Choosing to be a vegan for ethical reasons is a “philosophical belief” that warrants protection by law, a tribunal in Britain has ruled in landmark hearing. The case involves vegan zoologist Jordi Casamitjana who claims he was fired by animal welfare charity League Against Cruel Sports due to his ethical veganism after a dispute over pension investments.
The charity says Casamitjana, aged 55, was dismissed for gross misconduct. A judge found that ethical veganism – leading a life that avoids all harm to animals – is covered by Britain’s Equality Act 2010 but has yet to rule on Casamitjana’s dismissal.
The ruling will give vegans clearer rights to accommodations like suitable food at a work event, said Meghan Campbell, a law lecturer at the University of Birmingham.
“It definitely opens up the door for other beliefs to get protected status,” she said citing climate activism as an example. Casamitjana said he was “extremely happy” with the ruling.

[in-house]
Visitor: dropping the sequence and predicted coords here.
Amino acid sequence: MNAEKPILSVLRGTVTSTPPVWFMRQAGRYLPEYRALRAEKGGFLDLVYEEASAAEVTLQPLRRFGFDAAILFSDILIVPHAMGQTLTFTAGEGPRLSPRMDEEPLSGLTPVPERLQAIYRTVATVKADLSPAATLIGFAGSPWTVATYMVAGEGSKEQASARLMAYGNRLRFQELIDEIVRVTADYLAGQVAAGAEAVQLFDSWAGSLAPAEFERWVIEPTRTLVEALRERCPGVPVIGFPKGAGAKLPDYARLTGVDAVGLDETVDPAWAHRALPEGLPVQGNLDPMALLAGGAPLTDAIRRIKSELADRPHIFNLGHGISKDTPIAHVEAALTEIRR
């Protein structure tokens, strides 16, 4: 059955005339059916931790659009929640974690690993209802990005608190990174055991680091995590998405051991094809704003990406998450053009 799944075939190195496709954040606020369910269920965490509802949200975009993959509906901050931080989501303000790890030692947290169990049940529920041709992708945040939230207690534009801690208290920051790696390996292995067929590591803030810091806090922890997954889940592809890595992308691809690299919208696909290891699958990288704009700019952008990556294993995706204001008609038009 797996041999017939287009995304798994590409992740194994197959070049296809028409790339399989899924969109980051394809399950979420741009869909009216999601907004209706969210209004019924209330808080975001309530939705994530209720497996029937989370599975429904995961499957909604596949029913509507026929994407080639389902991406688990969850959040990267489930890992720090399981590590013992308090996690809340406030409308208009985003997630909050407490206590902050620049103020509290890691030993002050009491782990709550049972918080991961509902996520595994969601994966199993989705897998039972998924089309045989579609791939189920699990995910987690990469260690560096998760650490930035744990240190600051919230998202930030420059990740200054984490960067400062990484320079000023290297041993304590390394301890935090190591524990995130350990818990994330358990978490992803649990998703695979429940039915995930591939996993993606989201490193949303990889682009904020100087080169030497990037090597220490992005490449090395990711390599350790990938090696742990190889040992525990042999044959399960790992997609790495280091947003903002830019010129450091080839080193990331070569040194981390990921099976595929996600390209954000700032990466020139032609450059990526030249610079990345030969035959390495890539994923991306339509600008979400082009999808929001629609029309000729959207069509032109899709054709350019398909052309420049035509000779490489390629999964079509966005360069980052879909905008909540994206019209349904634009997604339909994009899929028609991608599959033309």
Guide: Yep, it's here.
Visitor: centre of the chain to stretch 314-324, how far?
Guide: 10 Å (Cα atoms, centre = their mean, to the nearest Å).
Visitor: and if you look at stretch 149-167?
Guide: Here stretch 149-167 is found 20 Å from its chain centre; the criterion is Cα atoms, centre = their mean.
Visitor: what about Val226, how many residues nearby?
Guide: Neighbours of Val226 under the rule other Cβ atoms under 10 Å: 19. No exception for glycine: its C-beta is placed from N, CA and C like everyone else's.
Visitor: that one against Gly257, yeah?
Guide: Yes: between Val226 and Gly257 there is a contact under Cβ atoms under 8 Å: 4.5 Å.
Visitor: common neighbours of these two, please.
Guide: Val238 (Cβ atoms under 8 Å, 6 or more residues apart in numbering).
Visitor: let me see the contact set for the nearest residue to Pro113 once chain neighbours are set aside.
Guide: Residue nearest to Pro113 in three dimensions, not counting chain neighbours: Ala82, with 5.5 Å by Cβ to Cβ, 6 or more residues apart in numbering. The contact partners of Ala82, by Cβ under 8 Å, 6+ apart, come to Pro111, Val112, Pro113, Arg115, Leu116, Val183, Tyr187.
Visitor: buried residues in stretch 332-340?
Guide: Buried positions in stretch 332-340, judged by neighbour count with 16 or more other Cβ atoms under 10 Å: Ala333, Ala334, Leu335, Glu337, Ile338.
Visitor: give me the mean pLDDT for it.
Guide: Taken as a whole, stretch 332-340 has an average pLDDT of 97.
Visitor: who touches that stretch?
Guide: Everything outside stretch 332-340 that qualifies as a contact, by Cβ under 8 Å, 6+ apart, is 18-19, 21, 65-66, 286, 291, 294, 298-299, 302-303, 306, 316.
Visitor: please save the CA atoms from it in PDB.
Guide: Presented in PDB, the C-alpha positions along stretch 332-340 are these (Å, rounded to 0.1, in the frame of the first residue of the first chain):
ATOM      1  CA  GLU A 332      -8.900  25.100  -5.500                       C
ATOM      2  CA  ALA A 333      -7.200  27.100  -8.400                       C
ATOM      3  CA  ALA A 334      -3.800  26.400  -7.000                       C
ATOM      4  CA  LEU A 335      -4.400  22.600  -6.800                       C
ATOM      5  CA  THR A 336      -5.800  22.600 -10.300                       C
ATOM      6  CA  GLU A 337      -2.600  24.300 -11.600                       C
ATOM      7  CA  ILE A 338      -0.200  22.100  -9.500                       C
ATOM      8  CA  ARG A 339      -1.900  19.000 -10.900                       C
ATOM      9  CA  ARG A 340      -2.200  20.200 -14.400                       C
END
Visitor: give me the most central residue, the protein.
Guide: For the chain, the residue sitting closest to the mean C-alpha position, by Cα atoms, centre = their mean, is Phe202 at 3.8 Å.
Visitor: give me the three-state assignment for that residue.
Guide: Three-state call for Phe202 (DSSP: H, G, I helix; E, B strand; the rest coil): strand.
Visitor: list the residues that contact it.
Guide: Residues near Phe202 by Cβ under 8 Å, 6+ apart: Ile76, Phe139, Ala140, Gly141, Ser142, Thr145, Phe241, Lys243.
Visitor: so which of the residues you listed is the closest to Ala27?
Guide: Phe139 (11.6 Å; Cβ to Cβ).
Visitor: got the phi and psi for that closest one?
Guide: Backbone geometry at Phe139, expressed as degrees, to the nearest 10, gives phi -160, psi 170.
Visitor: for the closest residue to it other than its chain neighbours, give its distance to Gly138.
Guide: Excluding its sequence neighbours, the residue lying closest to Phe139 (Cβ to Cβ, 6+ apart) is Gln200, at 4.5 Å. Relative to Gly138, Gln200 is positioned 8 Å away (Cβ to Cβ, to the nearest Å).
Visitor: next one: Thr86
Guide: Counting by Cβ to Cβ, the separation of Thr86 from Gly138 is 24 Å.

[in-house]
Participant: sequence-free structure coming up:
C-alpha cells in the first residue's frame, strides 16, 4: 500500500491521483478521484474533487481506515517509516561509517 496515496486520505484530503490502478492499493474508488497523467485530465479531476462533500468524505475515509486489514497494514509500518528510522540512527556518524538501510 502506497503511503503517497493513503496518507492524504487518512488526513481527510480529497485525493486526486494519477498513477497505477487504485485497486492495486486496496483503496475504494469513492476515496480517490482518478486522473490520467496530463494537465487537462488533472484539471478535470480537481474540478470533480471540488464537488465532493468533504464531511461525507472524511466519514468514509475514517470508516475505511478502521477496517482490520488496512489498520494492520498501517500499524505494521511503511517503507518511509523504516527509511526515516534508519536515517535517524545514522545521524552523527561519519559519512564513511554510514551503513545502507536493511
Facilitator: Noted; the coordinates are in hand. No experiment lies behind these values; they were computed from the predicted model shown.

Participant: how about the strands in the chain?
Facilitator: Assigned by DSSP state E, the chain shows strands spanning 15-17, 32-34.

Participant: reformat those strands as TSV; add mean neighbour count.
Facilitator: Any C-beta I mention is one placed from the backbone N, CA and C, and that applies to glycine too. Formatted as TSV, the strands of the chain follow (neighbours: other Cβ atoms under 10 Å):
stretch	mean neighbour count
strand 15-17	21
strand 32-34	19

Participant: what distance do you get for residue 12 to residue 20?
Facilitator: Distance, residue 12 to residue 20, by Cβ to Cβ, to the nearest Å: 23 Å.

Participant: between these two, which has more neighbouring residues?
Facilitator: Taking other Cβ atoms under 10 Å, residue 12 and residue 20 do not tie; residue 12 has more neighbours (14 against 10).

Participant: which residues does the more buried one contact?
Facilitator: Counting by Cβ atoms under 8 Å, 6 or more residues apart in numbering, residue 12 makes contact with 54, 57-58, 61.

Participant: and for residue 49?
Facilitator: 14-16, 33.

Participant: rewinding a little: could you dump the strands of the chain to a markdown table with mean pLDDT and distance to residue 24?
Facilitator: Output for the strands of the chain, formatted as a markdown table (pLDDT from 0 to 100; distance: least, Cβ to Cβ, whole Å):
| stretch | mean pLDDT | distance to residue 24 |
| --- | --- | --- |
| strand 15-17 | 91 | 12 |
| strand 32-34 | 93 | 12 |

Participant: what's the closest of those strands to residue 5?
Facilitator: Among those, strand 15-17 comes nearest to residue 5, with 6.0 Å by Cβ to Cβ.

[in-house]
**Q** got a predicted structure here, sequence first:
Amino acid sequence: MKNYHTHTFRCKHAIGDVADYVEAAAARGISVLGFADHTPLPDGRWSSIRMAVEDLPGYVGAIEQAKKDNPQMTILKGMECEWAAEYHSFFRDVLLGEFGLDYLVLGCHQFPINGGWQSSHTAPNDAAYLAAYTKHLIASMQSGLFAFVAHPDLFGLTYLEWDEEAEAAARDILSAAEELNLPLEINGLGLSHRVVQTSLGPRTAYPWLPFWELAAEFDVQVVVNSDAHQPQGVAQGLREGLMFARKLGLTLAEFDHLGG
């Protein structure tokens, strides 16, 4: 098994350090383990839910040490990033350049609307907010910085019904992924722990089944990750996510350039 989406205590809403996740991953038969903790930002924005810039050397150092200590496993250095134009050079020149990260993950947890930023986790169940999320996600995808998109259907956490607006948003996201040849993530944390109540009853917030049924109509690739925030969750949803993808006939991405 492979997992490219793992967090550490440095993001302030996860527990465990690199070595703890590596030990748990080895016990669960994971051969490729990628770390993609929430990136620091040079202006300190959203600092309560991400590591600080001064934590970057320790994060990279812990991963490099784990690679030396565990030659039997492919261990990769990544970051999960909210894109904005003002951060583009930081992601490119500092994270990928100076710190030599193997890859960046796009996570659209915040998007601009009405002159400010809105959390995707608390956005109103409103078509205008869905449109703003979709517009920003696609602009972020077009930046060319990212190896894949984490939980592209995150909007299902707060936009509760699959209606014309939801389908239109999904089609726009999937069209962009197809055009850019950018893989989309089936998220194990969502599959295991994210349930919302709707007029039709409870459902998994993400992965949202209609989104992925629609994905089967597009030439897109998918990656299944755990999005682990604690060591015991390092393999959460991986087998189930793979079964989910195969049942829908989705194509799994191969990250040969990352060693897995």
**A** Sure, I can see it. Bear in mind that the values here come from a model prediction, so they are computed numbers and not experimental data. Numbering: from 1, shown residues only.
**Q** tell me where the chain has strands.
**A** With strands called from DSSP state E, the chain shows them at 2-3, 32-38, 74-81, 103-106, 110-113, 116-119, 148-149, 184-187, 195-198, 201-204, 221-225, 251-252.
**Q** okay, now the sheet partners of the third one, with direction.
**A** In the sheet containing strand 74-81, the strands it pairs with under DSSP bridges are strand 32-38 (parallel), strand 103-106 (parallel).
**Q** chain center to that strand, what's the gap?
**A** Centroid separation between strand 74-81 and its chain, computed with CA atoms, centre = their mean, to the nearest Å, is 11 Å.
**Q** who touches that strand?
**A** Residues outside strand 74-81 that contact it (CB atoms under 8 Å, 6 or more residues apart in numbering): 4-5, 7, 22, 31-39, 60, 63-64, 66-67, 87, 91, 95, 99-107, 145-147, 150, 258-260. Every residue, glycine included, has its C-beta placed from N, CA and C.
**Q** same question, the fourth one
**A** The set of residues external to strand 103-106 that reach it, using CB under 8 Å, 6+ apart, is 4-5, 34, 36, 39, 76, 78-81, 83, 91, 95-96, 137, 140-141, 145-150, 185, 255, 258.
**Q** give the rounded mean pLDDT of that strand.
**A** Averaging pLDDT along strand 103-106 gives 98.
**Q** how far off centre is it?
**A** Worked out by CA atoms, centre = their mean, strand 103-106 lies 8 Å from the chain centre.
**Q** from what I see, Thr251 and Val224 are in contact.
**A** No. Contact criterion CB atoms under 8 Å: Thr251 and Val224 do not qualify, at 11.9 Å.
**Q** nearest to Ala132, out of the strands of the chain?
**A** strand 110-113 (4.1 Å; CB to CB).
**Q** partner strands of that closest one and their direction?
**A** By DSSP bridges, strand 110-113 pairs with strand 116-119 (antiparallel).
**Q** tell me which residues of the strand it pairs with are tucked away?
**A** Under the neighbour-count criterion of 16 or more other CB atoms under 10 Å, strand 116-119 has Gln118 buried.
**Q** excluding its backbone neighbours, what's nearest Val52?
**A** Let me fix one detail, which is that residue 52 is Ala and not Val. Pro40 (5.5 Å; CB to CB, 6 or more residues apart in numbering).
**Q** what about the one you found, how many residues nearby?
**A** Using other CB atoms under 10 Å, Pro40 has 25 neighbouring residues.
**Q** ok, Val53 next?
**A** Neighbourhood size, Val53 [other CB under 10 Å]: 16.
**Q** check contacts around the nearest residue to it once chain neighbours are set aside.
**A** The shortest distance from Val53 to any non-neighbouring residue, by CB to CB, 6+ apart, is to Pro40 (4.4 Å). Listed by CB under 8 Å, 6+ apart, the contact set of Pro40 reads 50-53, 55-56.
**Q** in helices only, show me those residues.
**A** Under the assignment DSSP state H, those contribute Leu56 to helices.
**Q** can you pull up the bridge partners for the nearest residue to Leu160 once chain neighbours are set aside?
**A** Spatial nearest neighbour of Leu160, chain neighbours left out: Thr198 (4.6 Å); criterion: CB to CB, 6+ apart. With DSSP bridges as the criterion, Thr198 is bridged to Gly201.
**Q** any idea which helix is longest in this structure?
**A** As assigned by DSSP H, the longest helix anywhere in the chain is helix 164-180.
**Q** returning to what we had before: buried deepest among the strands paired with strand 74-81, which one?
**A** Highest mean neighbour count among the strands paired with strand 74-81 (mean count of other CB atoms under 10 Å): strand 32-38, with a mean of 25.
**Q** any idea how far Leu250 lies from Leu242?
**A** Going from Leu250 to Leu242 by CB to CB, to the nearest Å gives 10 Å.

“Many people have supported me because they, or their friends, have experienced discrimination for being ethical vegans,” he said in a statement.
Vegans avoid eating meat and fish and other animal products like eggs and dairy.
Ethical veganism has no agreed definition but tends to go further by avoiding all links to animal exploitation such a wearing wool or leather, or using products tested on animals. Casamitjana’s beliefs in the sanctity of animal life “extend beyond matters of food into all areas of his consumption”, according to documents submitted to the tribunal.
He tries to skip gatherings where non-vegan food is served, avoids sitting on leather seats, and will walk for up to an hour”to avoid accidental crashes with insects or birds that may occur when taking a bus”, he said in a statement.
Philosophical beliefs are protected under Britain’s Equality Act which aims to prevent discrimination due to a person’s religion or other deeply-held convictions. For a belief to qualify it must relate to a “weighty aspect of human life” and be “worthy of respect in a democratic society”.
Employers and employees “should be cautious not to draw blanket rules from one-off judgments”, said Sarah Chilton, a partner at CM Murray law firm, who said each case would be assessed on its own merits.
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